11. The narrow minded, anti-catholic nature of the Orange Order and their refusal to accept, despite the context of more than thirty years of bloody conflict in this country, that actually speaking to residents groups, never mind attempting to rethink their ideology might allow this country to move forward. Words like flexibility and adaptability are simply not part of the Orange Order’s vocabulary.

    12. Parades together with the blinkered actions of the Orange Order and other affiliated groups play directly into the hands of Republican propogandists who are more than happy to see this country thrown into a state of chaos on an annual basis.

    13. They are a MASSIVE part of the problem here and very much responsible for us being ‘locked’ into conflict. Their self obsessed, outdated, triumphalist arrogance appauls me.

    14. I am a protestant.

  • fair_deal

    7. If we deny or hide we have any differences over identity values etc everything will be all ok.
    8. Since partition the Irish News reported on a lynching and cross-burning outside an Orange Halls every month across Northern Ireland.
    9. The deep offence of Protestants is shown by participating in their tens of thousands and physically attending in their hundreds of thousands. Their disgust is reinforced by the high ratings of Twelfth television programmes. No OO member has any Catholic friends as they are treated as pariahs by every Catholic in the country.
    10. This is why loyalist paramilitary publications have consistently attacked the OO down the years for doing nothing and the OO banned paramilitary flags being displayed on their parades.
    11. Ignore the fact that no direct talks with residents groups have led to a resolution, or that they broke their word e.g. Ardoyne in June/July 2005 and that maybe tolerance and acceptance are the answers rather than expecting one community to beg of another the right to exist and express itself.
    12. Republicans want OO parades stopped so they can claim a sectarian victory. So let’s give up that’ll really confuse them.
    13. I’ll ignore how the issue developed in recent years, the sectarian motivation behind it (ie reinforce sectarian boundaries, prevent something as basic as a road being shared between two communities). I’ll ignore the divisions that predated the establishment of the OO. I’d rather just think the OO is the source of all evil and when it disappears peace love and harmony will break out and both communities will skip merrily hand in hand to a new era of peace and prosperity. None of the issues around parading have anything to do with nationalist/republican inability to accept with others on this island holding identities different or distinct from the one they wish to impose.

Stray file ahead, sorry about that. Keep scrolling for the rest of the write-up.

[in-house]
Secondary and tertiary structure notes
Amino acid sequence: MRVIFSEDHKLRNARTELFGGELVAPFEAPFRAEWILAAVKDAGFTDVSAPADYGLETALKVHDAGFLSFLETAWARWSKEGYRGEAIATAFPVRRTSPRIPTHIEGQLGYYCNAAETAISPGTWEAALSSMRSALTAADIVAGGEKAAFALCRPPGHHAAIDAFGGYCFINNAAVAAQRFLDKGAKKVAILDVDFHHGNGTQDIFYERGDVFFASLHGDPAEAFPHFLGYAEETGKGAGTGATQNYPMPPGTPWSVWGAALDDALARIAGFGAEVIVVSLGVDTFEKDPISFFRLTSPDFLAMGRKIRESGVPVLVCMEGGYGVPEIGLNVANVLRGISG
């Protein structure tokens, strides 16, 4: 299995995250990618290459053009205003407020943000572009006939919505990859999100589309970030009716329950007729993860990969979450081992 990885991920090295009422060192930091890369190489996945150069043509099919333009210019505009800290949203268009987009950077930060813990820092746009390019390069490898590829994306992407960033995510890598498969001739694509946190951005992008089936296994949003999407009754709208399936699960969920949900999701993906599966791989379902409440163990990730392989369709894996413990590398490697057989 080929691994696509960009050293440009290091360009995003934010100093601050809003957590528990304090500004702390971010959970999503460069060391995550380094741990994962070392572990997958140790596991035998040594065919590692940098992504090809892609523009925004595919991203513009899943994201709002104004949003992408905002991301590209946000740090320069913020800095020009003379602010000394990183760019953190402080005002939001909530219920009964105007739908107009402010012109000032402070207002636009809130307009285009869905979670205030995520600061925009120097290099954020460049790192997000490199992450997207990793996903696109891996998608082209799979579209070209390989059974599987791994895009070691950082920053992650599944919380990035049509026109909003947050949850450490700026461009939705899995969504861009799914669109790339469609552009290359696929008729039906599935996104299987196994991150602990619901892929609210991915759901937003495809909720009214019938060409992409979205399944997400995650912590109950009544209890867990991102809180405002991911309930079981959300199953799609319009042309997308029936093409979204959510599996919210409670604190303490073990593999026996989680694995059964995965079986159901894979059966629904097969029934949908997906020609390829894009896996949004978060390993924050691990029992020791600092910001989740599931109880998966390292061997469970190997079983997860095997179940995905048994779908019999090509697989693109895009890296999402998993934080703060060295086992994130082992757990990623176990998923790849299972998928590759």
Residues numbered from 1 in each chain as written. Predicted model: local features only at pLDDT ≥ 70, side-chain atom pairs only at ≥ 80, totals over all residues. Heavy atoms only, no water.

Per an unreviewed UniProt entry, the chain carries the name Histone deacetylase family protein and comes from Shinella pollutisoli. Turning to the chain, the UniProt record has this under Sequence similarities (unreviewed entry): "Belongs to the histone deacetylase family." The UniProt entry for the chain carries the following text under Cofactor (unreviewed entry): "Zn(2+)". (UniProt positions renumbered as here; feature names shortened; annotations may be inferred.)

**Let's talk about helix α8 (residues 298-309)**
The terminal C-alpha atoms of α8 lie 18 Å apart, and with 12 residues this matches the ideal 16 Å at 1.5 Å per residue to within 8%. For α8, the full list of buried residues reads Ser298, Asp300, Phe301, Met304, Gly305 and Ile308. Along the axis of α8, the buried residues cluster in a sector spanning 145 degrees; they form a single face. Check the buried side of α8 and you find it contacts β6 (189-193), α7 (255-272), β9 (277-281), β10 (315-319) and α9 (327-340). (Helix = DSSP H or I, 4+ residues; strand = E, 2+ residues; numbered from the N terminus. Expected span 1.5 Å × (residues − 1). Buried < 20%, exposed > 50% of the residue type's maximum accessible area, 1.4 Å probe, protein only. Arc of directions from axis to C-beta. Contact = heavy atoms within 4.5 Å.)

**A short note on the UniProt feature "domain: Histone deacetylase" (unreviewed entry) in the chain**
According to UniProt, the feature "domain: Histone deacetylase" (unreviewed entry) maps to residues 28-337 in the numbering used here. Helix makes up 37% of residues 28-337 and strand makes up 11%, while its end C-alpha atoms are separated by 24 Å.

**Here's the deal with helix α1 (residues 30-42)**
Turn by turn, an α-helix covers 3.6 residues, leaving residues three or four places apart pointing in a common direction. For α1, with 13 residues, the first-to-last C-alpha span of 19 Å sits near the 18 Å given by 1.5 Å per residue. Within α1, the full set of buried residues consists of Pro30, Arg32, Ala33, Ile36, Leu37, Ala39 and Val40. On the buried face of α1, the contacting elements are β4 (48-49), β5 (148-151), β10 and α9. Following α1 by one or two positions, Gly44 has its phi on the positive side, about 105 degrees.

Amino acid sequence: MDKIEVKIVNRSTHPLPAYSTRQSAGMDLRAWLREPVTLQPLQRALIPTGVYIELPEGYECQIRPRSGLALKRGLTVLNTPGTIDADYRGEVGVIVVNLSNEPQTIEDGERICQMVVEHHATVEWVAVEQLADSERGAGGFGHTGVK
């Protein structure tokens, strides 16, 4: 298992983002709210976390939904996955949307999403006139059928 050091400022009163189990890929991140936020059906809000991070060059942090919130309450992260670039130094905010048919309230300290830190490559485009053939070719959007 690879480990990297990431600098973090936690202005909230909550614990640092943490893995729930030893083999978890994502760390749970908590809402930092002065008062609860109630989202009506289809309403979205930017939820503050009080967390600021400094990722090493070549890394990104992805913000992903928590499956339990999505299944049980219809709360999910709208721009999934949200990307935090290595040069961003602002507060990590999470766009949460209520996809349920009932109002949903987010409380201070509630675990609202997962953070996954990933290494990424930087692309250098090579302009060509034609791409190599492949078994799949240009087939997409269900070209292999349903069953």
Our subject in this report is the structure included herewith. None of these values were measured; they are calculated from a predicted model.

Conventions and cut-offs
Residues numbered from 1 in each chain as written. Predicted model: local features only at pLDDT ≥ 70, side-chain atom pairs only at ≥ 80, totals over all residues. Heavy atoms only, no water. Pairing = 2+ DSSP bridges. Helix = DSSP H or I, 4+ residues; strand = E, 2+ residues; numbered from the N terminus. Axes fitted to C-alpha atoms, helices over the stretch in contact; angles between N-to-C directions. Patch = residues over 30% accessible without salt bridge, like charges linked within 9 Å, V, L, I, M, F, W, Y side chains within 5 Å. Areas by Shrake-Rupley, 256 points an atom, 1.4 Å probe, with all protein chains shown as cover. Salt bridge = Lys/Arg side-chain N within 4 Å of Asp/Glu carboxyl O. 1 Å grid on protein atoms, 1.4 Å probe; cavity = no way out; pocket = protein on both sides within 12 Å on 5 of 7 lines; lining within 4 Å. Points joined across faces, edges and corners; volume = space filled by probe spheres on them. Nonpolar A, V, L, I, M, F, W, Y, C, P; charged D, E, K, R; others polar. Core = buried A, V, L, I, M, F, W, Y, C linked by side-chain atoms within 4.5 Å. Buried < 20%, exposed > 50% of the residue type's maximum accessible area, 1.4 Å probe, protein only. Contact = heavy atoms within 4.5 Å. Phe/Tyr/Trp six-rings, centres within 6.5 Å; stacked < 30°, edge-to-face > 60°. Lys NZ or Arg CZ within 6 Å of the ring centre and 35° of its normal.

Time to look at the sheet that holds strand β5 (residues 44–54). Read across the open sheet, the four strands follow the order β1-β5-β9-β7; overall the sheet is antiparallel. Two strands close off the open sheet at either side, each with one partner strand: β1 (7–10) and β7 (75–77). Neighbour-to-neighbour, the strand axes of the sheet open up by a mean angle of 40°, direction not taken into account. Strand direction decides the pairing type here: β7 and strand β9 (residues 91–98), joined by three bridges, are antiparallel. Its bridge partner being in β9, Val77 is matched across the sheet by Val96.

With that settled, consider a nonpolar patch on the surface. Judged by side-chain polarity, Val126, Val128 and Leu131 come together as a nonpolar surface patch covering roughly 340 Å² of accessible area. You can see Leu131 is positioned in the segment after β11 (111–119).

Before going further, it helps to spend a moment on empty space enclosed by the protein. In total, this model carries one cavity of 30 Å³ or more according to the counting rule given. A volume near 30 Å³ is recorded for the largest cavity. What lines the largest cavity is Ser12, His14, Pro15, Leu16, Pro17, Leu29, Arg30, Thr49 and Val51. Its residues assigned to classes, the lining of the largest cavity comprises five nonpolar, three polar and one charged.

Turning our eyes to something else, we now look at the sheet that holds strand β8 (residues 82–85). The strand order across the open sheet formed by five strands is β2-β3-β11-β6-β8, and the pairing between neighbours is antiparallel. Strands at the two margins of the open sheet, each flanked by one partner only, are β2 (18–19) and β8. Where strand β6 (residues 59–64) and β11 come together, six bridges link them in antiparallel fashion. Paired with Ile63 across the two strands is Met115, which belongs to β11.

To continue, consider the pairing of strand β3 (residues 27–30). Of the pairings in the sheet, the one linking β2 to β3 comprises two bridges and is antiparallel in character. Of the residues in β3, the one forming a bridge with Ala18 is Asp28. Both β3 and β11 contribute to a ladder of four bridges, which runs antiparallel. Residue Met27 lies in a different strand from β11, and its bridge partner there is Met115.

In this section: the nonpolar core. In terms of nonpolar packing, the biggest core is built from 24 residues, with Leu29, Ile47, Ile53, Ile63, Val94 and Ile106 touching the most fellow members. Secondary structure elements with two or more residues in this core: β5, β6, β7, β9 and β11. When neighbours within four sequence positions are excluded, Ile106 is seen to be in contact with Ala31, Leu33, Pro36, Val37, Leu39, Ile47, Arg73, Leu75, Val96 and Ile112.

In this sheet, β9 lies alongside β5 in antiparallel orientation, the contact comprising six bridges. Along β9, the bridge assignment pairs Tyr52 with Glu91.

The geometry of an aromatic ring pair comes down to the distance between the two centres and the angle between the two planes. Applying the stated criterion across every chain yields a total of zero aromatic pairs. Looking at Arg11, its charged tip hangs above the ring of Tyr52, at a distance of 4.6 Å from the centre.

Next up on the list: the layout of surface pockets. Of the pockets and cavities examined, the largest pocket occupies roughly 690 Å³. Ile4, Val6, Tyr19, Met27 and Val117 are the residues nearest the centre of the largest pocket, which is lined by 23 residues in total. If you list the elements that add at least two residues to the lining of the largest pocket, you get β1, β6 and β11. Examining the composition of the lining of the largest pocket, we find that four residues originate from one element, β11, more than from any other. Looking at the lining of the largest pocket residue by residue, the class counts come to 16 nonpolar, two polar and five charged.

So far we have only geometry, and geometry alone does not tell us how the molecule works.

14. I say I am part of the community the OO comes from as if that somehow makes my criticisms more valid than someone from a different community.

    The OO is not perfect. The OO does not have universal support among protestants but demonisation, over-statement and exaggeration offer no answers.

  • fair_deal

    Gerry lvs castro

    Correction to point one. The Association of Loyal Orangewomen and the Junior Orange Association are technically separate bodies so it is probably accurate to describe it as eight not six.

  • Jo

    There was a ban on all parades during the sumemr/autumn of 1970.

    Try it again, on a voluntary basis, for a year maybe?

    The money saved could build a school or two?

  • fair_deal


    1. The particular ban was rather conveniently introduced after the 12th July celebrations.

  • ssr

    on the same nights this riot took place (saturday), a pipe bomb was thrown into St. Matthew’s Court at the other end of the Short strand, exploding at the back of the pensioners bungalows on strand walk. This happened at around 12.15. The police did not arrive at the scene until around 9.30 on sunday morning. Its incidents like this that result in lack of faith in the psni

  • Gerry Lvs Castro

    Thanks for the detailed response Fair Deal.
    It’s all a lot more complicated than I thought (as is everything in NI).

  • fair_deal

    Gerry Lvs castro

    You’re welsom. Civil question deserves a civil answer.

  • slug


    1. Are there any parades on the ‘loyalist’ or ‘unionist’ side that you think are unhelpful?

    2. Do you know if there has been a problem of drunkenness at any parades and have any attempts been made to control this problem?

    (I remember in 2004 there was some attempts in the Ballymena area to limit alcohol consumption at parades but have heard little about this since).

  • fair_deal


    1. All depends what you mean by unhelpful

    2. There are problems with drink at parades.
    The problems with drinking are more so with the bigger parades especially at weekends (with some of the spectators etc would be out getting drunk in a pub instead they come to the parade and do it) What Loyal orders can do itself is limited as powers lead on enforcement lie with the police and there is inconsistent appraoch by the PSNI.
    Some examples i know of from personal experience:
    a) Parade Marshals give reports after parades. This inludes if any member was seen drunk or seen drinking alcohol while on parade ditto with the bands. Lodges are then fined and it is up the lodge what action they take against the offending member.
    b) The twelfth a few years ago in Glengormley the organising district asked the police to use their public order powers to close all bars and off licences. The same idea has been discussed regarding Belfast but the PSNI didn’t buy into it.
    c) At the ABOD parade the police have warning signs that they may confiscate alcohol and have seen them do so on a number of occassions.
    The last two parades past Ardoyne Parades and Cultural Forum marshals took the drink off anyone member of the public wanting to walk home after the parade past Ardoyne.